Bulk mineralogy of Lunar crater central peaks via thermal infrared spectra from the Diviner Lunar Radiometer - A study of the Moon's crustal composition at depth

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Bulk mineralogy of Lunar crater central peaks via thermal infrared spectra from the Diviner Lunar Radiometer - A study of the Moon's crustal composition at depth

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Title: Bulk mineralogy of Lunar crater central peaks via thermal infrared spectra from the Diviner Lunar Radiometer - A study of the Moon's crustal composition at depth
Author: Song, Eugenie
Abstract: The central peaks of lunar impact craters are thought to be composed of uplifted material originating from varying depths of the crustal column. The crystallization sequence of the early lunar magma ocean resulted in an anorthositic upper crust that becomes progressively more mafic as it approaches the olivine-rich mantle. Emissivity spectra centered around 8 microns from the Lunar Reconnaissance Orbiter (LRO) Diviner Radiometer are used to derive the wavelength location of the Christiansen Feature (CF), which is sensitive to bulk silicate mineralogy. A survey of CF values has been performed for the central peaks of 135 complex craters, providing global and regional observations of the heterogeneity of crustal compositions. Crustal thickness models give context to the pre-impact depth of the central peak material and its proximity to the crust-mantle boundary. The bulk composition results were also compared to central peak FeO abundance and optical maturity parameters (both derived from Clementine Ultraviolet/Visible camera data) to better understand spectral behavior in the 8 µm region due to varying surface properties. This study has identified 6 craters with potentially ultramafic regions on their central peaks. More common occurrences of mafic material, found in a wide variety of crater central peaks, show a silicate composition with a mafic component similar to mare basalt. The compositional distribution and variety of the 135 craters is similar to that of the rest of the Moon, which implies that uplifted material found in the central peaks is not significantly different from the range of compositions found on the lunar surface. Bulk composition of the central peak material does not appear to be correlated with its crustal depth of origin, suggesting both lateral and vertical heterogeneity in crustal composition rather than a gradual transition from felsic to mafic composition. It is likely that the Moon's extensive cratering history has continually overturned the original crust, erasing the stratigraphic sequence caused by cooling of the global magma ocean.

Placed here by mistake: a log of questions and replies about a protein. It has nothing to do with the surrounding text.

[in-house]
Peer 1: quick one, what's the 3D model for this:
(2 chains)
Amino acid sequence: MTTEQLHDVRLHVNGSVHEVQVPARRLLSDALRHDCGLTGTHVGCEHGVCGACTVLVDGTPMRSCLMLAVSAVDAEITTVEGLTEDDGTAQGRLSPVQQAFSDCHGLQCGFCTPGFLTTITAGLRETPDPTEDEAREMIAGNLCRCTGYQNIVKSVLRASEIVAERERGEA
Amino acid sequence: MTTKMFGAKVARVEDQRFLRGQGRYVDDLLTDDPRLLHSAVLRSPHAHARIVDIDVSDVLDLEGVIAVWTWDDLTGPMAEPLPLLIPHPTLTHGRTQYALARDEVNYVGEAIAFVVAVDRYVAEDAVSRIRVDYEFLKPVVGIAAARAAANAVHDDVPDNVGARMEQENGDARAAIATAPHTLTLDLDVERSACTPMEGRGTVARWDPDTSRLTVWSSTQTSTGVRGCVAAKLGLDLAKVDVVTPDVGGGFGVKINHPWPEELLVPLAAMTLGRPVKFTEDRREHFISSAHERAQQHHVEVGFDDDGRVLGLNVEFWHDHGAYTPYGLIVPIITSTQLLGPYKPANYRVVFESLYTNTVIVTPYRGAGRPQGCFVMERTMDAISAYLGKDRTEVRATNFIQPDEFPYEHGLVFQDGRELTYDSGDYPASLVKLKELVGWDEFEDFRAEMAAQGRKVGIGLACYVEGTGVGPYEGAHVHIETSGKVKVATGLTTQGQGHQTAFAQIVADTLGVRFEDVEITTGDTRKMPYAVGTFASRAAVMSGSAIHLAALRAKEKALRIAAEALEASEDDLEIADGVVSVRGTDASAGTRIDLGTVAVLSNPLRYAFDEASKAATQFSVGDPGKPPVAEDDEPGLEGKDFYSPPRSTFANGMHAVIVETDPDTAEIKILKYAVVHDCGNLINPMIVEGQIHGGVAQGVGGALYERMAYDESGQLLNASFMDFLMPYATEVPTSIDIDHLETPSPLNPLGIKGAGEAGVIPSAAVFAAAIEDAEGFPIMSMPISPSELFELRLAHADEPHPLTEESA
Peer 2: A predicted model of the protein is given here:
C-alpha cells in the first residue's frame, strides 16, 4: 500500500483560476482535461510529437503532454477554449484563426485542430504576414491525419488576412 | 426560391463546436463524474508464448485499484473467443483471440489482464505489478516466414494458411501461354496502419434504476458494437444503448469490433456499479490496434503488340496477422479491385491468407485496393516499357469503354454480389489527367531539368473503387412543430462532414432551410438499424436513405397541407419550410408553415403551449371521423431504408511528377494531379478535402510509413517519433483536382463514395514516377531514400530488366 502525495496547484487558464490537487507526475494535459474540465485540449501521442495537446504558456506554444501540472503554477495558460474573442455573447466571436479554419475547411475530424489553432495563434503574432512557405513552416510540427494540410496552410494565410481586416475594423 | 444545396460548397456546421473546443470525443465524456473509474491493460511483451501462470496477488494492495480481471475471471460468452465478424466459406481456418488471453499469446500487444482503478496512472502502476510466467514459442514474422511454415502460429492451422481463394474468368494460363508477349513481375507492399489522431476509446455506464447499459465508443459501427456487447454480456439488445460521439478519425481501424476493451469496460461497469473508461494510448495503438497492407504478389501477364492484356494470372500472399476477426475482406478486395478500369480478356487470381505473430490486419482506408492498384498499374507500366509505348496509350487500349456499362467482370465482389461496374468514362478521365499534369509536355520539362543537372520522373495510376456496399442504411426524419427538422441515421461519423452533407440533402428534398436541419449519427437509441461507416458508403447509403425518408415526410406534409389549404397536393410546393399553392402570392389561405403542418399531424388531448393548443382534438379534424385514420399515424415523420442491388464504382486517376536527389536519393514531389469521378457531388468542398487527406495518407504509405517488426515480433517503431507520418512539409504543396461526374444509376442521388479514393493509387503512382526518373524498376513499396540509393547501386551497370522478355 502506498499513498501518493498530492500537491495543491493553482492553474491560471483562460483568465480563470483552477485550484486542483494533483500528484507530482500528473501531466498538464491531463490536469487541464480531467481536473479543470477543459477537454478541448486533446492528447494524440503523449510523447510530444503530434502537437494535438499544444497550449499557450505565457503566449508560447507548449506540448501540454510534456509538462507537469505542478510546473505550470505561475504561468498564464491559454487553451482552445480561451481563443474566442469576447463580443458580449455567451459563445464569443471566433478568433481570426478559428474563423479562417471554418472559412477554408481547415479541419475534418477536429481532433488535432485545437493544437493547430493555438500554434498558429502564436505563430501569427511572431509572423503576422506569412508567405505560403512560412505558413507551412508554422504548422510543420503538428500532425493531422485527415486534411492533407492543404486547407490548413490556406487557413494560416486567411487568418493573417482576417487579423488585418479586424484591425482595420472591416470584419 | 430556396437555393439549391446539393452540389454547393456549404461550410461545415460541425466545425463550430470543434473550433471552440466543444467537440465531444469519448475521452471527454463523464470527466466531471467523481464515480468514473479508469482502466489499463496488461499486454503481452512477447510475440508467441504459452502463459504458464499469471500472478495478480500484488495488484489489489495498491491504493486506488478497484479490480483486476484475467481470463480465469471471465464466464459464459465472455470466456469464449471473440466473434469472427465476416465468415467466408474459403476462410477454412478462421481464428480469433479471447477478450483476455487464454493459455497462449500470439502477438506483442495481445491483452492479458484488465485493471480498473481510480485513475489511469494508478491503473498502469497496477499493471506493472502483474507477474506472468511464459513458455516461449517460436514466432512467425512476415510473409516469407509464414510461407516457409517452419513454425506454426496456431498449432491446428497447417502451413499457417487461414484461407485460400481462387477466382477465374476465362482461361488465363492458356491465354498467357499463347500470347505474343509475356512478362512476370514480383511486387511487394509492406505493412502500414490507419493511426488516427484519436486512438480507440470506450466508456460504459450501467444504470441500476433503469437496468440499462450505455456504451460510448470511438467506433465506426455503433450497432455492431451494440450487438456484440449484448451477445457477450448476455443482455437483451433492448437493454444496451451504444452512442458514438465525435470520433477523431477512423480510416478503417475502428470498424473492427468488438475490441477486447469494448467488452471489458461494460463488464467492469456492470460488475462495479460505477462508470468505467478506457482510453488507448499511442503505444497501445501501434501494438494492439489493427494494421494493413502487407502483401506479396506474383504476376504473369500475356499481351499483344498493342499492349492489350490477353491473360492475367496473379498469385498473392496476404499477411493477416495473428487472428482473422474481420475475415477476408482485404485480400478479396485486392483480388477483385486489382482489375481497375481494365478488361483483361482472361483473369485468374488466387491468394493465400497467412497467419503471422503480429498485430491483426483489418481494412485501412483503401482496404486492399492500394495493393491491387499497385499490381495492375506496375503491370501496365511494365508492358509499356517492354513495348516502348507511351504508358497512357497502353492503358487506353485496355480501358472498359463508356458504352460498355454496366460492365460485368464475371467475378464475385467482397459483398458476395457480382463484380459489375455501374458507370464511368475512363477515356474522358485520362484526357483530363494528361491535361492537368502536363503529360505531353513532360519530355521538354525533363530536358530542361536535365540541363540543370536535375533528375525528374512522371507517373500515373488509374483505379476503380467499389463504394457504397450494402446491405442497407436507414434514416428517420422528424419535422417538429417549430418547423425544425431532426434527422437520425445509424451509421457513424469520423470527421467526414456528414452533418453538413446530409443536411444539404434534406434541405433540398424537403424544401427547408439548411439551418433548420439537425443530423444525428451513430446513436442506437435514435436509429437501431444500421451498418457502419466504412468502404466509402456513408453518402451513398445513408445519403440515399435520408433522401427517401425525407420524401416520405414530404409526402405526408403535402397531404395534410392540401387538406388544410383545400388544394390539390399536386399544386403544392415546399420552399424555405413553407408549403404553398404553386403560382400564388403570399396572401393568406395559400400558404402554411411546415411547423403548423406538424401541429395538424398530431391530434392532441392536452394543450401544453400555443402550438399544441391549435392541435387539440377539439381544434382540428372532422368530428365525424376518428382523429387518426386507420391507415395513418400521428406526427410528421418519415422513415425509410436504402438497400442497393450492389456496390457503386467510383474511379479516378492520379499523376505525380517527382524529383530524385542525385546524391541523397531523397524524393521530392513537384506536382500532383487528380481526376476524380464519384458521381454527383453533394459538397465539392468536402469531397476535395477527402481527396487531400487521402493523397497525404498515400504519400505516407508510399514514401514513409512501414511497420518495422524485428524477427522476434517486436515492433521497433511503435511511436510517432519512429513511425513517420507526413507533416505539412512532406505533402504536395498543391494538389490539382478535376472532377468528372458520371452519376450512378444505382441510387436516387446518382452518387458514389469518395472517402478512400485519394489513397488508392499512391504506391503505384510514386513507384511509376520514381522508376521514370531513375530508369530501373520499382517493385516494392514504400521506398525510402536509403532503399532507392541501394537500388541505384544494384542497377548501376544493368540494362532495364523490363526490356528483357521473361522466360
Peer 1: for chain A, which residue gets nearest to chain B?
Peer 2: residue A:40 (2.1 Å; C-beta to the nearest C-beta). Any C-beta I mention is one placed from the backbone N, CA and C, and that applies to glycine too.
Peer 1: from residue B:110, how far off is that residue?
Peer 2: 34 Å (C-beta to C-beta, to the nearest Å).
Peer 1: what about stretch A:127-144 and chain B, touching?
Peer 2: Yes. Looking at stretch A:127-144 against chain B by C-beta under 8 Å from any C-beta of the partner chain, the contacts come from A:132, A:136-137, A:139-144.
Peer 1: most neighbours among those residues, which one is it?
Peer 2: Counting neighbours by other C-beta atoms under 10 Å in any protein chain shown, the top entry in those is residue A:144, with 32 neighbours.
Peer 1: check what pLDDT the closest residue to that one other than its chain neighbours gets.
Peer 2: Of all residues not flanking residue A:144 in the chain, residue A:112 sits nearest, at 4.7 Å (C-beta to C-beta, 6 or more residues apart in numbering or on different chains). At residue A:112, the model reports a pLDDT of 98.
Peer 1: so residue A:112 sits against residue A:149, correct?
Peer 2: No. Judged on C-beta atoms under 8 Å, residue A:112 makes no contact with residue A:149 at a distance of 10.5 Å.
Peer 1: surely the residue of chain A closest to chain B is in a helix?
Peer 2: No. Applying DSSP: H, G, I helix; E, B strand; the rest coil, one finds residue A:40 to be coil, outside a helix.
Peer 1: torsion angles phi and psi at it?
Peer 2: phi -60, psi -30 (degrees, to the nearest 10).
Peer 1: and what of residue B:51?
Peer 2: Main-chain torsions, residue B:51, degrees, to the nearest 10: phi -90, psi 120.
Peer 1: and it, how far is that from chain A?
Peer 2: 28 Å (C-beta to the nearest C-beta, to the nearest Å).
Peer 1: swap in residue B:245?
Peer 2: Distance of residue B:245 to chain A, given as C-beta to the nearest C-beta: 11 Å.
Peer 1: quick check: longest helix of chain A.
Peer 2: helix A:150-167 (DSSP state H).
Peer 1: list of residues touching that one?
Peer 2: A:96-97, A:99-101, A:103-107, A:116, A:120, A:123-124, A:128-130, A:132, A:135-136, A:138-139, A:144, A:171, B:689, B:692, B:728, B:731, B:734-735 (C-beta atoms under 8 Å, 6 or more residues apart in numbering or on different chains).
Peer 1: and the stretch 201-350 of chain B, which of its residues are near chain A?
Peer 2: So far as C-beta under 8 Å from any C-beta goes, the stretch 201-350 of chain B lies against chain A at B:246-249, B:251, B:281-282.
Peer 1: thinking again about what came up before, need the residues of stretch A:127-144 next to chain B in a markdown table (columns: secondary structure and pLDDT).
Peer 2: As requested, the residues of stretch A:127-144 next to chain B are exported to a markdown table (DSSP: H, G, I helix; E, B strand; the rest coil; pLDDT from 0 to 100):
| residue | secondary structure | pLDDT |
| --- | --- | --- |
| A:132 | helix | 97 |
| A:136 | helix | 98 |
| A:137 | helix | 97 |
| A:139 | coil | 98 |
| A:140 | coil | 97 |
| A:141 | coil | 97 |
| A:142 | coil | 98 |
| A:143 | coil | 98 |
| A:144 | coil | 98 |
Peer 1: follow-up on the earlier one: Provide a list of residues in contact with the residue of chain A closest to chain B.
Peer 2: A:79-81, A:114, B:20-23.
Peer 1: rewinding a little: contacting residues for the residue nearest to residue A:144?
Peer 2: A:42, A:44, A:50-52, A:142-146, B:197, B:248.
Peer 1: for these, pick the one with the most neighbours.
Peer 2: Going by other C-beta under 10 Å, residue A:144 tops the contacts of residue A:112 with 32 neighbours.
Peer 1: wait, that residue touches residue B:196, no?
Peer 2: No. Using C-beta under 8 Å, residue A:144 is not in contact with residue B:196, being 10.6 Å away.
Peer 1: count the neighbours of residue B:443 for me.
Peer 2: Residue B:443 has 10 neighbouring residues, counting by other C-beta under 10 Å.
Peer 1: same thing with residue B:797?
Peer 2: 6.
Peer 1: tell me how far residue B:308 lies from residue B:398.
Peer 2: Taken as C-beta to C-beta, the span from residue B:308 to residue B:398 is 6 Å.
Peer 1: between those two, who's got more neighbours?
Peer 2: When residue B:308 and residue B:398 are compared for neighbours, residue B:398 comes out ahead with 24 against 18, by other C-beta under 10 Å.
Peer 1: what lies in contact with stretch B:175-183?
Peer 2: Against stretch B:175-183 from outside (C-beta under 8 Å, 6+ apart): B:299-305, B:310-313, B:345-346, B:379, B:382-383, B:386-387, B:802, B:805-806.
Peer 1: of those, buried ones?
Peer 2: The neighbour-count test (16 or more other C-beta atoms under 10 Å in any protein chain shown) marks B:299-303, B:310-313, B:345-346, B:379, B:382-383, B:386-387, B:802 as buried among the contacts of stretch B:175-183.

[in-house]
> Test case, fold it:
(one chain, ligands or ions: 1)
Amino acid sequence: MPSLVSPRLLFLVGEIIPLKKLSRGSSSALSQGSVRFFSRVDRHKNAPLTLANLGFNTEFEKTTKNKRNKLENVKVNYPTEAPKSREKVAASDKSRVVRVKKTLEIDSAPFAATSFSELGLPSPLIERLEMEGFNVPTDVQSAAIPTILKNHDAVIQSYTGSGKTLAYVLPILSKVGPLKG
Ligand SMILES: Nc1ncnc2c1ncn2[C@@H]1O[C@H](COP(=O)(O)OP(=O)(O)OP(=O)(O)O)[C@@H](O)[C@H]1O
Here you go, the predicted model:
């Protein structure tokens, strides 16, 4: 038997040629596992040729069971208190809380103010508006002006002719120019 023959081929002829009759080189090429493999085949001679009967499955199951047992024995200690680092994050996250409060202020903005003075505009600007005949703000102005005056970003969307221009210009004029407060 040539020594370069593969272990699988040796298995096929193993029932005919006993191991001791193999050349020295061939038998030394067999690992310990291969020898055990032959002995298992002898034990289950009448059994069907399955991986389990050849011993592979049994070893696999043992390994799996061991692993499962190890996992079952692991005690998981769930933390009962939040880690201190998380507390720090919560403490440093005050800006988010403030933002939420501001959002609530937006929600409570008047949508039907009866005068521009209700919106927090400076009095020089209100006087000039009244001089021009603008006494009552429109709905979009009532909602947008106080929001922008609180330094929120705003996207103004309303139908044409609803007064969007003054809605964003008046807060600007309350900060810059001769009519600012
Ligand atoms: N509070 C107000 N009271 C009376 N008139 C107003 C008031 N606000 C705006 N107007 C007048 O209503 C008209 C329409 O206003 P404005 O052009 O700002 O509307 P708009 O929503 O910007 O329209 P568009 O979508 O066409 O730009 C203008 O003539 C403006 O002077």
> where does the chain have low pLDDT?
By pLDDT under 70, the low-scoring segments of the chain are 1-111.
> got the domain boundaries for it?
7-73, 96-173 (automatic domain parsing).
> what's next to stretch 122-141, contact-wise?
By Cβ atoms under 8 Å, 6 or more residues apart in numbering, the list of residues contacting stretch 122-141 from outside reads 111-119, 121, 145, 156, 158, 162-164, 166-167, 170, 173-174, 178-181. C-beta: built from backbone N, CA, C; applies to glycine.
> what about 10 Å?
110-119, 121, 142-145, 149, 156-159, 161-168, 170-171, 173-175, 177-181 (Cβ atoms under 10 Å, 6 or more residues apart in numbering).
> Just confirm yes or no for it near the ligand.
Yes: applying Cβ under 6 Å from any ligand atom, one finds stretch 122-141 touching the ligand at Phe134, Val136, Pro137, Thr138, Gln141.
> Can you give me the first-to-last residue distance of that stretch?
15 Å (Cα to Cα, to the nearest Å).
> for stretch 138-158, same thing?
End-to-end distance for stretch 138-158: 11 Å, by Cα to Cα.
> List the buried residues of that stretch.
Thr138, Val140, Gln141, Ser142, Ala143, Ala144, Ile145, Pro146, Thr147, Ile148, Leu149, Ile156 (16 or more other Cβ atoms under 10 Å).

Description: Thesis (Master's)--University of Washington, 2012
URI: http://hdl.handle.net/1773/20757
Author requested restriction: Restrict to UW for 6 months -- then make Open Access

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